You want a hat in Milwaukee? Trent Towers has you covered at his Burleigh Street store.

To walk into Trent Towers’ namesake store on West Burleigh Street is to walk out knowing everything there is to know about hats — from brand names to fabric blends to styles.

“This is a fedora. You see it’s got the pinch in the front, but it’s wide,” explains Towers, owner of Trent Towers’ Hats & Caps, 7143 W. Burleigh St. “A teardrop is pointed. That’s a pork pie. It’s flat at the top. This is a center dent. It has no pinch in the front. … And these are called stingy brims because the brims are not wide.

“They’re all different styles and names.”

Towers’ knowledge of all things hats comes from years of not only being an aficionado of the headwear, but owning one of a few remaining stores specializing in designer hats and caps in the Milwaukee area.

In business for nearly 14 years, Towers, 63, credits his success to three things — selling high-quality products, providing good customer service and running a classy shop — something he said people can’t get online or even in some department stores.

Milwaukee wants Kangol, Dobbs and Stetson

“In order to stay open, you have to have what people want … and Milwaukee wants Kangol, Dobbs and Stetson,” Towers said. “If you got those brands in your store, then your sign will stay open. But you got to have something for (people) to choose from as well.”

Towers’ Enderis Park neighborhood shop is filled with display cases and ceiling-high shelves stocked with name-brand headwear — from Stetson, Dobbs, Bailey and Biltmore to more exotic names like Bruno Capelo and Borsalino — to match any style and occasion.

His cap selection — and there’s a difference between a cap and hat, Towers said — includes urban headwear from Kangol, made famous by hip hop artist LL Cool J, to newsboys, Big Apple caps and eight-quarter caps.

Caps, Towers said, are usually flat and don’t have brims, a difference a lot of people don’t know.

When Towers opened his shop, he wanted to do something different. Milwaukee already had plenty of men’s clothing stores. But, after prodding from a customer, he stepped out on a limb to sell only hats.

“I didn’t want to do what everybody else was doing,” Towers said. “I knew there’s a lot of preachers, deacons and doctors and all kinds of people who wanted to go somewhere and buy a quality hat.”

Now his clientele runs the gamut — all races and professions, with an occasional star or two. Towers has supplied headwear to Darryl “DMC” McDaniels, founding member of hip-hop group Run-DMC; Rodney Poe, of the 90s R&B group BLACKstreet; and former WISN 12 News journalist Mike Anderson.

“I dress a lot of people,” Towers said, smiling.

Owners of Trent Towers' Hats & Caps (Left) Laurie and (right) Trent Towers pose for a photo

Fashion sense for headwear came from Chicago’s steppin’ scene 

Towers owes his retail savvy to his mother, who owned a boutique, Pearl’s Fashion, on Chicago’s far south side. But his fashion sense for headwear came from observing sharply dressed men in Chicago’s steppin’ scene.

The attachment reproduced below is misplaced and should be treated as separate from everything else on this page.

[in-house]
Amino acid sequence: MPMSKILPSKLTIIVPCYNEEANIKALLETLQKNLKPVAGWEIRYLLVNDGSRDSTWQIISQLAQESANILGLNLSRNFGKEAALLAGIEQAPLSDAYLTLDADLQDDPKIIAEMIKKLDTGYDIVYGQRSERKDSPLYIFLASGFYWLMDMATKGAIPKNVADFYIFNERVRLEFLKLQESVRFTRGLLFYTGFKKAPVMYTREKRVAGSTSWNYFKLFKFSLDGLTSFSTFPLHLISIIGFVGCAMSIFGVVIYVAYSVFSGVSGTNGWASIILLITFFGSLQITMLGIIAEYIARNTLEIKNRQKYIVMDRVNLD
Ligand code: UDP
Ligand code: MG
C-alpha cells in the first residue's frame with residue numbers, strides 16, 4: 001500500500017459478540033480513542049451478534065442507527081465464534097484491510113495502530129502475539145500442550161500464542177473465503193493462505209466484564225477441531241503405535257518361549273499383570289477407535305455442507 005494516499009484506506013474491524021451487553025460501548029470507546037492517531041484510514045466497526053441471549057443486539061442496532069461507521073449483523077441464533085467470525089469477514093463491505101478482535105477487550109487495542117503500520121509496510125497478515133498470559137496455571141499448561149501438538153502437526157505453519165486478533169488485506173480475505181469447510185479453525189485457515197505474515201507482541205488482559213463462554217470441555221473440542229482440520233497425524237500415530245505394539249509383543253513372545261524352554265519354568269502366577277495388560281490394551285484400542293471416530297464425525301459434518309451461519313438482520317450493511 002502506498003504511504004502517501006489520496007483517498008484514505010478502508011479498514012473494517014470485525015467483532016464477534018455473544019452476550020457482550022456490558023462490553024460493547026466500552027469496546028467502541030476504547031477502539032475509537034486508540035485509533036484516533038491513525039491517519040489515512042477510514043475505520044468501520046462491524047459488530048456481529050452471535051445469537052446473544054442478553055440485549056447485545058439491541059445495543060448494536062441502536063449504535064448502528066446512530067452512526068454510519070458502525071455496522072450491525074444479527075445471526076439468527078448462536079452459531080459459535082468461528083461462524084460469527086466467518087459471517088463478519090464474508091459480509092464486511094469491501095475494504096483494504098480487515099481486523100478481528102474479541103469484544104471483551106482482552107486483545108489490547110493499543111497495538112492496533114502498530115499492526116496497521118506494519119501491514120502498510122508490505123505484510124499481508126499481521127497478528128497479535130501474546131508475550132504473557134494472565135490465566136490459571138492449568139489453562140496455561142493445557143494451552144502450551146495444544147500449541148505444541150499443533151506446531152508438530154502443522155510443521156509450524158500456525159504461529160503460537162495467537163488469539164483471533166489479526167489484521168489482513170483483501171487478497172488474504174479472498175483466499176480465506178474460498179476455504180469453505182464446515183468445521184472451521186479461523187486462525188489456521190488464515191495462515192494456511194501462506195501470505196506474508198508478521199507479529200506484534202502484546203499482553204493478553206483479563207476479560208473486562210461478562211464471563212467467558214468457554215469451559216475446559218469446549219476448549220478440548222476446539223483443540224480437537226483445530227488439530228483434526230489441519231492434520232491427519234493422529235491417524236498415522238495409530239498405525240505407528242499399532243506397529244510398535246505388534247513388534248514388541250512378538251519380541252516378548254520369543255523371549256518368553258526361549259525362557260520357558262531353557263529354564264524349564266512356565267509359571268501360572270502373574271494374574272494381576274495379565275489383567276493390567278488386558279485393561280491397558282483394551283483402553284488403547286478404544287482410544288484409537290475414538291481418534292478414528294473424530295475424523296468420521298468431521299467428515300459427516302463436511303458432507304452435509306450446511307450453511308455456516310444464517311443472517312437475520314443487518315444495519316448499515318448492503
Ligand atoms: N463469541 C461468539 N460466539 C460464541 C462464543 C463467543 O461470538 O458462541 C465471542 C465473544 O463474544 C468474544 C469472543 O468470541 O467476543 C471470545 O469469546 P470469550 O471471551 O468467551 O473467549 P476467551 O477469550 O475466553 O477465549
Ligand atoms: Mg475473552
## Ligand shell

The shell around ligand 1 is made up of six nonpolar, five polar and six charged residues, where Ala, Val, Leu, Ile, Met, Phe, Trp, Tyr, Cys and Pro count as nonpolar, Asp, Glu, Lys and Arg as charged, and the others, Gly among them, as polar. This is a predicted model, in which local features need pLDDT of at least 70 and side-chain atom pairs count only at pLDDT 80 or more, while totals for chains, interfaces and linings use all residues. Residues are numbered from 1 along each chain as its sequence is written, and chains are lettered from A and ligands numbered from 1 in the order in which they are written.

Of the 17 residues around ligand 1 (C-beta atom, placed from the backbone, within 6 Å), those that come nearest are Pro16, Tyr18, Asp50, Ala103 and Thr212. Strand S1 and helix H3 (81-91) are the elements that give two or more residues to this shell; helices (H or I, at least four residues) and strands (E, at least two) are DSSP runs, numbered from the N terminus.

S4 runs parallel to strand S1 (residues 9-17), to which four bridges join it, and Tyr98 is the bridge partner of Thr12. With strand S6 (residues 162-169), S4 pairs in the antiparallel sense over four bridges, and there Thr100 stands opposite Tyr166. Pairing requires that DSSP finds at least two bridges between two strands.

“In Chicago, everybody dressed. They dress to impress,” said Towers, who moved to Milwaukee in 1986.

“So, when you go out to a steppin’ club, they were still dressed like young men, with their pants up, suits on,” he said. “I got a chance to grow up seeing people wearing hats going to the clubs.”

In the Chicago steppin’ scene, Towers said most men sported Dobbs or Stetson fedoras.

When Towers moved to Milwaukee, he vended at local events for a while until he decided to open a brick-and-mortar shop. In 2010, Towers opened his eponymous store, selling men’s suits and accessories, including a limited selection of hats. But customers coming into his shop always complimented the hat section.

“That’s when I went strictly all hats,” Towers said.

That was a year later.

Laurie and Trent Towers opened Trent Towers' Hats & Caps in 2013 and sell hundreds of different hats.

It’s the personal touch that sets Towers apart

Success came from furnishing hats not only in brand, style and color, but also in fabric from felt, straw to fur and wood blends. Towers takes time to make sure the fit and the style are right. Unlike on the internet, he said, customers can touch, see and try on the product.

“All hats don’t fit the same,” Towers said. “We are going to make sure that everything fits you before you leave.”

After all, it’s the hat that makes the person.

“It’s got to look good to that person who is trying it on,” Towers said. “When you put a hat on, folks will come to you and say, ‘You rockin’ that hat.’”

Towers’ wife, Laurie, agreed. She echoed an adage Towers’ grandmother always told him.

“When you have a hat on your head, that makes you a fine dressed man,” said Laurie Towers, who along with her husbands are both Dobbs fans.

Hat’s off to the ladies, too

But hats aren’t just for men. Women can wear them, too — from a fedora to a Panama hat. It’s all about the wearer’s personality.

“Your personality is what makes the hat,” Laurie Towers said. “I think sometimes, when we put on something that we like, we become more comfortable, more confident.”

And the time is right for women to weave feminine and masculine styles into their wardrobe.

“We live in a gender-neutral society,” Laurie Towers said, “so it’s all about what fits you.”

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